2. 136 Ethanol Procedure i. 0.5 mL of a specimen (whole blood or urine) is placed in a 4 mL volume test tube d with a rubber cap, followed by the addition of 0.2 mL IS solution and 0.2 mL distilled water, and sealed with the rubber cap. ii. In another test tube (standard solution), 0.5 ml of 0.1 % ethanol, 0.2 mL of IS solution and 0.2 mL of 0.1 % n-propanol are placed, and sealed with the rubber cap. iii. Both test tubes are heated at 55 °C for 15 min on an aluminum block heater or in a water bath. During the above heating, a glass syringe to be used is also put on the heater to heat it simultaneously; the syringe is a 1 mL volume gas-tight grass syringe with a 23 G needle e. After heating, 0.1 mL of the headspace vapor is withdrawn into the syringe and injected to GC swiftly. Calculation: P(ethanol)s : peak area of ethanol in the specimen P(IS)s : peak area of IS in the specimen P(ethanol)ss : peak area of ethanol in the standard solution P(IS)ss : peak area of IS in the standard solution. Assessment and some comments on the method > Figure 5.1 shows gas chromatogram for a whole blood specimen containing 0.1 % ethanol. With the DB-1 column [3], peaks of ethanol and IS appeared at short retention times at 40 °C; the Rtx-BAC2 column [4] had been developed for analysis of ethanol, and gives good shapes of the peak and high sensitivity. The detection limits of the method are 20–50 μg/mL whole blood with the DB-1 wide-bore capillary column, and about 10 μg/mL whole blood with the Rtx-BAC2 wide-bore capillary column. For actual measurements of blood ethanol after drinking, the GC method is sufficiently sensitive with either of the capillary columns, because blood ethanol concentrations in blood after drinking is usually 0.3–0.4 mg/mL. The headspace method for GC analysis of ethanol gives clean background and almost no interfering peaks. The postmortem production of ethanol a due to putrefaction should be kept in mind in case of non-fresh specimens; in such cases the appearance of n-propanol is an indicator of the con- comitant postmortem production of ethanol. Even without drinking, so-called “endogenous ethanol” is present, which is probably due to food and enteric bacteria; its level was reported to be as low as 0.180 ± 0.117 μg/mL [5], and thus does not interfere with the ethanol determination after drinking. After fresh blood is sampled into a test tube and sealed with a cap, it can be stored at 4 °C for 1–2 weeks without any change of ethanol levels. The author et al. set the cutoff level of blood ethanol to be 0.1 mg/mL, considering the postmortem production of ethanol.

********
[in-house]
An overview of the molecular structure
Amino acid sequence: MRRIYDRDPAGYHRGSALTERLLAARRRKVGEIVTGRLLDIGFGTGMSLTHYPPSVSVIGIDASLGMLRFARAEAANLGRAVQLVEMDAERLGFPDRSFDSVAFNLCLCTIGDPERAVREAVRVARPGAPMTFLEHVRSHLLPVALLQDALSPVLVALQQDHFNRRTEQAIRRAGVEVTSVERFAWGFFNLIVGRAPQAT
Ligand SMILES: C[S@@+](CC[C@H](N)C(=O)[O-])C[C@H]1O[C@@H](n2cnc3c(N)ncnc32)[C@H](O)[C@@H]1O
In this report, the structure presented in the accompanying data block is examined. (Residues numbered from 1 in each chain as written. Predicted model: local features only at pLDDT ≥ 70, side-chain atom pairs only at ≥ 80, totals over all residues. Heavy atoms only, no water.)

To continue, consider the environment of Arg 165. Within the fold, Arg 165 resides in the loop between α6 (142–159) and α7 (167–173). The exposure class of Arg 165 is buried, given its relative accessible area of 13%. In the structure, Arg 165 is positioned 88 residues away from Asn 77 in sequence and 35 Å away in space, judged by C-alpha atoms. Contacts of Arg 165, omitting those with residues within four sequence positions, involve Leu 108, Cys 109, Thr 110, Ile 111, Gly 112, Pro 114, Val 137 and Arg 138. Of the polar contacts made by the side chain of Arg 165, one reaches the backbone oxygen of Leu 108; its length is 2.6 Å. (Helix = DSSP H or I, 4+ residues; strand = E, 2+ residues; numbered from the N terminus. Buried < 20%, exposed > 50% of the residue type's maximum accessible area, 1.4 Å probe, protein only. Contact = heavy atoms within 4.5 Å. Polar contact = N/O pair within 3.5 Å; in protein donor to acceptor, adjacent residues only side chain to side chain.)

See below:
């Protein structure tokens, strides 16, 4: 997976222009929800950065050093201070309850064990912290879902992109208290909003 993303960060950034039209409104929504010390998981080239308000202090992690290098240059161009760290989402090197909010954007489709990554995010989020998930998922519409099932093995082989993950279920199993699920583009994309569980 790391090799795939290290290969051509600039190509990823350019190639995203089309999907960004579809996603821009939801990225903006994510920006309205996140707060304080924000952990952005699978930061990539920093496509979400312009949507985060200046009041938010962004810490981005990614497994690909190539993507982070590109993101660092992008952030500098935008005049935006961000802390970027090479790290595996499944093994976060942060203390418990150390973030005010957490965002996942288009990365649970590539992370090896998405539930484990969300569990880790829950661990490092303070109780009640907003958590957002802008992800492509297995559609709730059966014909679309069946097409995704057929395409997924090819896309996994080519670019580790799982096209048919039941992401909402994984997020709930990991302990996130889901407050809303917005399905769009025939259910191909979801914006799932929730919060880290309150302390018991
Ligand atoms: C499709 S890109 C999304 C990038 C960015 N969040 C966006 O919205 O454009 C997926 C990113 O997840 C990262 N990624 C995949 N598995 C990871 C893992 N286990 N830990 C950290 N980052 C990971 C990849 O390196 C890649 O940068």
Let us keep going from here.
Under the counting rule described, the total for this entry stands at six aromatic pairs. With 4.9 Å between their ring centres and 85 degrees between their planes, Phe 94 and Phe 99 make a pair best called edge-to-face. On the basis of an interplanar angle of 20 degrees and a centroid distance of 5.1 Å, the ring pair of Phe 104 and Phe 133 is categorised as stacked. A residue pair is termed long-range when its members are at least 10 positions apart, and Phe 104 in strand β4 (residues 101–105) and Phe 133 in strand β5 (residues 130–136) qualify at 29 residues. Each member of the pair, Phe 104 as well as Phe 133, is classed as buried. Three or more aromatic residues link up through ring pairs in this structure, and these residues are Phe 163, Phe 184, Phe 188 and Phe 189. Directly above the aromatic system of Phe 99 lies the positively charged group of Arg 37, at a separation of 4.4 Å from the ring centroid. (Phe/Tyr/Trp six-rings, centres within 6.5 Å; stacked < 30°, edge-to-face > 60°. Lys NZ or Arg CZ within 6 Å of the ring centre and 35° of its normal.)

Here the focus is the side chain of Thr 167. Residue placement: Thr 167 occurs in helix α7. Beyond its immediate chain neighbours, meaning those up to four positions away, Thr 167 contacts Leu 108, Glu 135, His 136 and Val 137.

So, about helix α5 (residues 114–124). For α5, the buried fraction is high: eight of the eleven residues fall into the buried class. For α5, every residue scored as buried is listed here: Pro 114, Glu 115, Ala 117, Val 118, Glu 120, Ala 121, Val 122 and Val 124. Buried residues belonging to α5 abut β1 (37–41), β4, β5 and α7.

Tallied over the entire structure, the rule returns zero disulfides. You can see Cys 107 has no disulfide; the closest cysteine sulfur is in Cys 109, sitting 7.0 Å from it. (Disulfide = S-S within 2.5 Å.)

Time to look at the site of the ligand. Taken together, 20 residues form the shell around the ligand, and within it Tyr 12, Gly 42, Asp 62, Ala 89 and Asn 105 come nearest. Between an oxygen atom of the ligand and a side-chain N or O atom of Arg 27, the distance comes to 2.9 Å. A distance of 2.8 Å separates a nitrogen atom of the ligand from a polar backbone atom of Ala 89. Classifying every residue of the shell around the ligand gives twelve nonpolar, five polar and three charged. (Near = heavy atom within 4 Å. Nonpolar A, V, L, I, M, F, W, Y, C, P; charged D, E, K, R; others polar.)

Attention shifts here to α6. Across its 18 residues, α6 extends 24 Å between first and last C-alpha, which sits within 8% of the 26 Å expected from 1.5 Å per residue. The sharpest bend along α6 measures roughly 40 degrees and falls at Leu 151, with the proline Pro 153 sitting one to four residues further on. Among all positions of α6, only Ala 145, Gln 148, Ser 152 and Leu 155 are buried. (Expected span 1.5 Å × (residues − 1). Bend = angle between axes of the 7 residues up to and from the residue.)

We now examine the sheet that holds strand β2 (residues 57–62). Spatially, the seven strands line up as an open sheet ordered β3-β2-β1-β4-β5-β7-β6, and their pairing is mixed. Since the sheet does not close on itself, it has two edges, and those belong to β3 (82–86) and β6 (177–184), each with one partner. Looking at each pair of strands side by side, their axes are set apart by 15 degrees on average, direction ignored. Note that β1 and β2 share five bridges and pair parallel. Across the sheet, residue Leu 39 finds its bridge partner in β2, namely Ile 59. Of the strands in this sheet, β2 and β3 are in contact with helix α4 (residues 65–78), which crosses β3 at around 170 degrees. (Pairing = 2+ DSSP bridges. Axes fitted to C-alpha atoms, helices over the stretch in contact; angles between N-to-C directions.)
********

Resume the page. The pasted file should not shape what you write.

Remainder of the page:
3. Determination of breath ethanol 137 ⊡ Figure 5.1 Detection of blood ethanol by wide-bore capillary GC. Toxic and lethal concentrations > Figure 5.2 shows symptoms of Japanese subjects caused by ethanol according to its blood concentrations [6]. The symptoms shown in the figure only show typical ones; there exist ex- ceptional individuals, who show blood levels of as high as 4 mg/mL, but are not drunk heavily. About 10 % of Japanese population is of homotype of ALD-type 2 for the isozymes of aldehyde dehydrogenase, and thus very weak to ethanol showing various intoxication symptoms even at low blood ethanol levels. Determination of breath ethanol A close relationship exists in ethanol concentration between breath and blood ; the breath concentration is as low as about 2,000 times less than that in blood. Because of its extremely low concentrations, it cannot be measured by the usual capillary GC method described before. When the breath ethanol is measured by the conventional GC with FID, more than 500 mL of the vapor should be passed through a column packed with an adsorbent to collect and concen- trate breath ethanol before introducing to GC or GC/MS [7–9]. The apparatus for the above pretreatment is relatively complicated and its handling also requires some training. A microcomputer controlling cryogenic oven temperature below 0 °C has become widely available for modern types of GC instruments. It was originally designed for rapid cooling of an oven to reduce analysis time. We have used it to trap volatile organic compounds contained in